I’m hoping for a big third act of my life. I’m 71 years old, and I’m thinking about how many movies I have left in me. I am actually looking for myself, and an audience, both at the same time. I have all these other ancillary creative interests that have become essential because of how they reconnect me with myself and the world around me in a way that feels genuinely real and physical. When I draw, paint, and write music, I feel profoundly re embodied. Over the last several months I’ve played my songs on the Strummerville Stage at Glastonbury, I’ve played for Ukrainian refugees in Poland, and in Golden Gate Park in San Francisco. I play to people on buses, in bars, and in small clubs all over the world. I write songs on canvases, and I make drawings of parts of the songs that I see visually. I think a lot about musicals too, and about wanting to turn Humpty Dumpty X into a documentary musical for the stage. Songwriting has shown itself to be a very meaningful spiritual language for me.”

A Day In The Life, one of Tony’s favorite songs, played through the speakers of our rented Volkswagen as we neared two hours on the road. We’d had our fill of conversations, crackers and coffee, and were cruising sleepily across the bucolic landscape when the hill finally appeared up ahead. I learned of Silbury Hill the year before while watching Werner Herzog’s Nomad: In the Footsteps of Bruce Chatwin, a documentary about the famed British travel writer who died of AIDS in 1989. And for some inexplicable reason, I knew I needed to see it myself. It is the largest prehistoric man made mound in Europe, estimated to have been completed around 2400 BC, and while its original purpose and significance remain unknown, the site is steeped in folklore and mysticism. Stand at its base, and you feel wholeheartedly that simply being there is just as intentional an act as the hill’s creation. Those who are there have come for a reason, and there we were.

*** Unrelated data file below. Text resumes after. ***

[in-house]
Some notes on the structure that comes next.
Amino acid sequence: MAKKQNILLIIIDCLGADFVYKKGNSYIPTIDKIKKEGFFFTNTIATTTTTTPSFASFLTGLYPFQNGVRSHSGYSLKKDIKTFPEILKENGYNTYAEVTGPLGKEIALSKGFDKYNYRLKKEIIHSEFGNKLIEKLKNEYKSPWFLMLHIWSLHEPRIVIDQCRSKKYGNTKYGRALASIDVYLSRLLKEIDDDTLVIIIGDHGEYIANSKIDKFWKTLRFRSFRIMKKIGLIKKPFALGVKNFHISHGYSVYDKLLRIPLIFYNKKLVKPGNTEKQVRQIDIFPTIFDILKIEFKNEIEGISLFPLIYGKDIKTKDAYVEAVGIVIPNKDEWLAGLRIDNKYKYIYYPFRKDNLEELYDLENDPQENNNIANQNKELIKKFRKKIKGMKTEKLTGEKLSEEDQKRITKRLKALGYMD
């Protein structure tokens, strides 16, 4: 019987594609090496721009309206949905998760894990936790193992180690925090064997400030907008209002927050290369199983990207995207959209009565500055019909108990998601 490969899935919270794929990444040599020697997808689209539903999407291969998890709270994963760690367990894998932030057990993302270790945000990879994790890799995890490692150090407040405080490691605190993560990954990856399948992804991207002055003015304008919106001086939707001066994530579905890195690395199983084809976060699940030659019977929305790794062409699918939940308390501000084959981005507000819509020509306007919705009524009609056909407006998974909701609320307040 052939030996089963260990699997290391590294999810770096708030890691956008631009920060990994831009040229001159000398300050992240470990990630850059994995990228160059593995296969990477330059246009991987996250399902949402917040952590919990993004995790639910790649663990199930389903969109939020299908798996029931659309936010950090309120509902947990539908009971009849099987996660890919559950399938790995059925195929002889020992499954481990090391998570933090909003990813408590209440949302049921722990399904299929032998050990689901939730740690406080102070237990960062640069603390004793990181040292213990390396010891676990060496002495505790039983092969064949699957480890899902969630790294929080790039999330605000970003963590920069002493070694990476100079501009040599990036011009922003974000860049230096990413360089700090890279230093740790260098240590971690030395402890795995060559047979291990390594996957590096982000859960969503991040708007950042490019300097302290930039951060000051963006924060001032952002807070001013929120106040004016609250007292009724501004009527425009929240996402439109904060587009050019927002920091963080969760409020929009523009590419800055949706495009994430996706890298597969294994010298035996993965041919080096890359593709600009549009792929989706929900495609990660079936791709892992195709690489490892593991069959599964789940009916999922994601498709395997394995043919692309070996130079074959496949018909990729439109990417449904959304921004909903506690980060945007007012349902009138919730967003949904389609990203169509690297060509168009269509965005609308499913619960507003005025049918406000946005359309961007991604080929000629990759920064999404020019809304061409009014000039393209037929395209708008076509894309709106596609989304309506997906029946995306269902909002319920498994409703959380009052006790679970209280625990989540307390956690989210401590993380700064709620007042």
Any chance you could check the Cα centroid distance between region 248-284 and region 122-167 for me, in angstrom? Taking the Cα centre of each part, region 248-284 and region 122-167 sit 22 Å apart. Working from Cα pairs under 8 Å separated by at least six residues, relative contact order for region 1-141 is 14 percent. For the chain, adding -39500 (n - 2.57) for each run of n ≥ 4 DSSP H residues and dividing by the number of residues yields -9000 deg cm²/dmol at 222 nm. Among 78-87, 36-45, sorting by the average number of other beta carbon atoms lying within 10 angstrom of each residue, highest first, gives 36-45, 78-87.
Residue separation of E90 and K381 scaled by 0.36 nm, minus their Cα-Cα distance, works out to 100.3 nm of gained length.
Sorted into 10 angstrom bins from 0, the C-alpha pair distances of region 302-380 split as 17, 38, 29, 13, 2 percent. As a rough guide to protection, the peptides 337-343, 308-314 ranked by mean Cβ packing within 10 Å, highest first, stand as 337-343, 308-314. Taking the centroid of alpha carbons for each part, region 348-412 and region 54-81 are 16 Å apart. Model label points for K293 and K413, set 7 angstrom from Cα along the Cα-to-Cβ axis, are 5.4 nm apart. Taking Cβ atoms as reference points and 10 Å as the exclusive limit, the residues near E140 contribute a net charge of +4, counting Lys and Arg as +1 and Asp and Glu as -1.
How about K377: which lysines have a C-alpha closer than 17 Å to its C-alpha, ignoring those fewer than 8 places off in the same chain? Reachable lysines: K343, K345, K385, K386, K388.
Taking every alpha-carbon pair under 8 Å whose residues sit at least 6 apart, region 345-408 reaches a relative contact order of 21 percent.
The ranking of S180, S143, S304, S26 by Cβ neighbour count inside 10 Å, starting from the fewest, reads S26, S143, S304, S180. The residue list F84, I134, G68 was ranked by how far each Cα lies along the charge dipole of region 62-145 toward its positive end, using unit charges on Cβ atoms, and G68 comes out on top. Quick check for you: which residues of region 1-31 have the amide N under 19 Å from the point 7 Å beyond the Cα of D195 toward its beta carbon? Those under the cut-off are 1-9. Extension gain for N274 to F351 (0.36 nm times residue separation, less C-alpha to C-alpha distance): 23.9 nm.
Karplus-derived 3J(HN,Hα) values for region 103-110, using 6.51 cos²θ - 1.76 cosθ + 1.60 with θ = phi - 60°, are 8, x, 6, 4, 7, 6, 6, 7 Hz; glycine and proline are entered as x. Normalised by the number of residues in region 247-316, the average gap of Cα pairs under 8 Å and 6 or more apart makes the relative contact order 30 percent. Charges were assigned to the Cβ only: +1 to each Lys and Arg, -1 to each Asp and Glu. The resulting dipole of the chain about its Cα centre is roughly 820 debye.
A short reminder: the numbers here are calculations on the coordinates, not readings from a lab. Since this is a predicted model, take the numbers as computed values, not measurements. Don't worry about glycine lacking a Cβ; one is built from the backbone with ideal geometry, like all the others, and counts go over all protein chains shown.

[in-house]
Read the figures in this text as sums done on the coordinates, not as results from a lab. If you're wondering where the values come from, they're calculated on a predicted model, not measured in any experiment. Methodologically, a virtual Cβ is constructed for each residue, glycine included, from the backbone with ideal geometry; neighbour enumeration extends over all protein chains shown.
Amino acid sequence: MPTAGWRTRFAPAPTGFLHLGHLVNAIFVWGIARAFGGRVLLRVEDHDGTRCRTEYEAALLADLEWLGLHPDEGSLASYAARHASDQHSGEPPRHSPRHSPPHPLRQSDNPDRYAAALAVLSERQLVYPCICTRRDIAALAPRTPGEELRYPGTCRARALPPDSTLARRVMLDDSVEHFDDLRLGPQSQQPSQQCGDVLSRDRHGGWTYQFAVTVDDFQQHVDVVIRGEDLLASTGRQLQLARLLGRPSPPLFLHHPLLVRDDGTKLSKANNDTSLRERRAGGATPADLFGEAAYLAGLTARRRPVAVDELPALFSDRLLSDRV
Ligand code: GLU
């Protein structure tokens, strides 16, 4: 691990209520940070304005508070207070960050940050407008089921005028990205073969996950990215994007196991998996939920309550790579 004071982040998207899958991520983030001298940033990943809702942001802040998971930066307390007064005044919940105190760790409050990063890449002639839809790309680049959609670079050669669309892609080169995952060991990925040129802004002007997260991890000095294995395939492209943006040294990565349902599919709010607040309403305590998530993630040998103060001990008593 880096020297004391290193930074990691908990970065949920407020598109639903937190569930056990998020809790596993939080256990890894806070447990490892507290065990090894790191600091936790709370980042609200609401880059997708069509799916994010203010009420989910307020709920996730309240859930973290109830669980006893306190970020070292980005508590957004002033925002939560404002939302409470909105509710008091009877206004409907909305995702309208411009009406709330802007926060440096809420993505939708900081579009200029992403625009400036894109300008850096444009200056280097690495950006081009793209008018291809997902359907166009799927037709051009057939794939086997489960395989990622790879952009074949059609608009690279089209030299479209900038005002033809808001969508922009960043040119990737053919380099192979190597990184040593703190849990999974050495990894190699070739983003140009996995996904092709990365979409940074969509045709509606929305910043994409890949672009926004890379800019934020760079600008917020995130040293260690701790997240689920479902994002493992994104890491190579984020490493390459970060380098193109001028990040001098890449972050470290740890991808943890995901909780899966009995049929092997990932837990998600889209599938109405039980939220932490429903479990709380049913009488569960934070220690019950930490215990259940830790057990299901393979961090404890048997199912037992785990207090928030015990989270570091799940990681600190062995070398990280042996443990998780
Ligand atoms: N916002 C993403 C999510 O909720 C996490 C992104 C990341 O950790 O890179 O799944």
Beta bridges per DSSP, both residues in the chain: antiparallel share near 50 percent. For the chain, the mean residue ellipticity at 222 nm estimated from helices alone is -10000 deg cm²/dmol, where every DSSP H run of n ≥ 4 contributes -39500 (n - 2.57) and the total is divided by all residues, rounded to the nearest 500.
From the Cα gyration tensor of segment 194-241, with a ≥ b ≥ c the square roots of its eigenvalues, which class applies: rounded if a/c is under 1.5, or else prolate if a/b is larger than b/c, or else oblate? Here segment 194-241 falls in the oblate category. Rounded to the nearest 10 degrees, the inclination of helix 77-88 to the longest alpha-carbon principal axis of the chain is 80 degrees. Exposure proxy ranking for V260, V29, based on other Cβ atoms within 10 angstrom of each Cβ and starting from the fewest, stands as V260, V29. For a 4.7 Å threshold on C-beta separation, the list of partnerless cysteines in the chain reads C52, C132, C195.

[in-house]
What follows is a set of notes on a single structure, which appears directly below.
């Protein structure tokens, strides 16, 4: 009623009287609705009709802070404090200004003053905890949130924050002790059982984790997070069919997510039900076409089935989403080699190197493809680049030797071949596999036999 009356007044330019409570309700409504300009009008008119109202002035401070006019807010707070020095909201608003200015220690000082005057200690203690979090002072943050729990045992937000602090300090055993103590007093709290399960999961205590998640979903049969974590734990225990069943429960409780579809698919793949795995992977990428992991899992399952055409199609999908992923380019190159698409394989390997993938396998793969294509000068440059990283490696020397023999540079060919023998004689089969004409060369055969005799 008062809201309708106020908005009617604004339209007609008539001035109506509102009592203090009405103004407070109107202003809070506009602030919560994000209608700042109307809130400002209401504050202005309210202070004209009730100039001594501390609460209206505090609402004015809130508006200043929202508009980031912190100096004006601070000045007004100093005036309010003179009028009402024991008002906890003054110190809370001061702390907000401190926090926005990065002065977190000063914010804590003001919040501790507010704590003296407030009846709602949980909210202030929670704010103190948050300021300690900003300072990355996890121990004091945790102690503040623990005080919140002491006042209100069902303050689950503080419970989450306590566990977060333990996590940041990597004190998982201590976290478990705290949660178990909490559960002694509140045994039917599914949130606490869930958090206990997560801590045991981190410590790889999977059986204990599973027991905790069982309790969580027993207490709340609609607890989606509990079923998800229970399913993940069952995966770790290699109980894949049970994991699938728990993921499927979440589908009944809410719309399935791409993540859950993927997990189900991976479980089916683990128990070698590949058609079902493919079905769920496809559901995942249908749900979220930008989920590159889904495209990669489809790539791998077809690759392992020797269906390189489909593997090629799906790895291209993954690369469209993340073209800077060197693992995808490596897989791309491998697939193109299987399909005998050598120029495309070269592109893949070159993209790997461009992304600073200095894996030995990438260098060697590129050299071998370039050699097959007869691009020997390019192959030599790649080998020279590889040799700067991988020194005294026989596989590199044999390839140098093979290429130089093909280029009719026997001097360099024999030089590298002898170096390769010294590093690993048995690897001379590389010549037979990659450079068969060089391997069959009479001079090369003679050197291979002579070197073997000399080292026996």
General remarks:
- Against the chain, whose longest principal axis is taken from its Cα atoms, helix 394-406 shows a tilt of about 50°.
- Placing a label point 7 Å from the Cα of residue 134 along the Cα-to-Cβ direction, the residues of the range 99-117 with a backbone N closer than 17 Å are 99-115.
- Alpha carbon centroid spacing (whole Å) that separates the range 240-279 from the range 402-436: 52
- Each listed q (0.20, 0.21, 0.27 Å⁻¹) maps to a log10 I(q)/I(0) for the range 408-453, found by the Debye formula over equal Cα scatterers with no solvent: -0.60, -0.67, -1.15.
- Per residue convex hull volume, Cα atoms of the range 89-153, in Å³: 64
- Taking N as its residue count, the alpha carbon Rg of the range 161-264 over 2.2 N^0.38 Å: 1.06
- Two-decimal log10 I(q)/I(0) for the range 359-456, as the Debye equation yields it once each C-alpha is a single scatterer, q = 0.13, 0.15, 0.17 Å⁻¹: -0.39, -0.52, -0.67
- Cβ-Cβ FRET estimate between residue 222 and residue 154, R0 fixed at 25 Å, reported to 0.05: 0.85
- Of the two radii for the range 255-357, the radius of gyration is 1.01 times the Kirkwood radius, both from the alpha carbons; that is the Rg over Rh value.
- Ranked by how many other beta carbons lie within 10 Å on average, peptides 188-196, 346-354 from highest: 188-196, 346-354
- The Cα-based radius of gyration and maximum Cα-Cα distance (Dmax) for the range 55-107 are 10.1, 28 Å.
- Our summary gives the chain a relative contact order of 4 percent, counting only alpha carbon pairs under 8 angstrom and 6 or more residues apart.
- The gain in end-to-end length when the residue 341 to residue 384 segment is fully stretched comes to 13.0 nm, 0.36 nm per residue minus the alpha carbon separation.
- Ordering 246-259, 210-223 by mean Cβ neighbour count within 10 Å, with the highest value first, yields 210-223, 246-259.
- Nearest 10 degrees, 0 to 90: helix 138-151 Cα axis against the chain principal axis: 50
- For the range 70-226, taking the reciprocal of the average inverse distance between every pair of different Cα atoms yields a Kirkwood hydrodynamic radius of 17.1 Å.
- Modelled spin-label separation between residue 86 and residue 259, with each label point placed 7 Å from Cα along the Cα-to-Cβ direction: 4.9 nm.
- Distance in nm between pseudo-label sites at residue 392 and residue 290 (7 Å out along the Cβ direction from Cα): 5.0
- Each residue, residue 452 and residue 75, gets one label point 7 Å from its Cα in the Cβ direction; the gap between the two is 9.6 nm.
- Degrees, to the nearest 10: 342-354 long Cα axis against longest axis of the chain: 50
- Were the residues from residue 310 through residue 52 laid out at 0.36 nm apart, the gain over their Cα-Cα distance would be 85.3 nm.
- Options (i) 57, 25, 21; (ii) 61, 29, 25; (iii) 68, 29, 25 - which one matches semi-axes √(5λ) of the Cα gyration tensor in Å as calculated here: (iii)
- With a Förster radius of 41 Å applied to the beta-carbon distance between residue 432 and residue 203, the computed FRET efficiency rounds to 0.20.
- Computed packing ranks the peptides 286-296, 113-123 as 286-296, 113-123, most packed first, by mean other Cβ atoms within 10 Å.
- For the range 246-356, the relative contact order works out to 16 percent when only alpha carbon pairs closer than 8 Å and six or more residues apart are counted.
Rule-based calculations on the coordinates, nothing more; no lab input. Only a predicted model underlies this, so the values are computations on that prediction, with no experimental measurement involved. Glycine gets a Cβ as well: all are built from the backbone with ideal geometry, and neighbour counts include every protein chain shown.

Our journey had begun on a hill in Los Angeles, and at this one, years and seas away, we were seeing it through. 

Tony stood next to me and we looked up at the archaic monument together. After the right amount of silence, he spoke. 

“Architecture has also become very important to me, as I have been considering my life more and more as a construction of my own making. We are all the builders of our own lives, and I have been building since the day I was born. My goal now is to continue adding to my construction. I want to repair what has crumbled, and build new sanctuaries. Maybe thinking architecturally can save me. You make a building, it has to stand up straight, and it has to stay there. That’s a pure concept I can latch onto.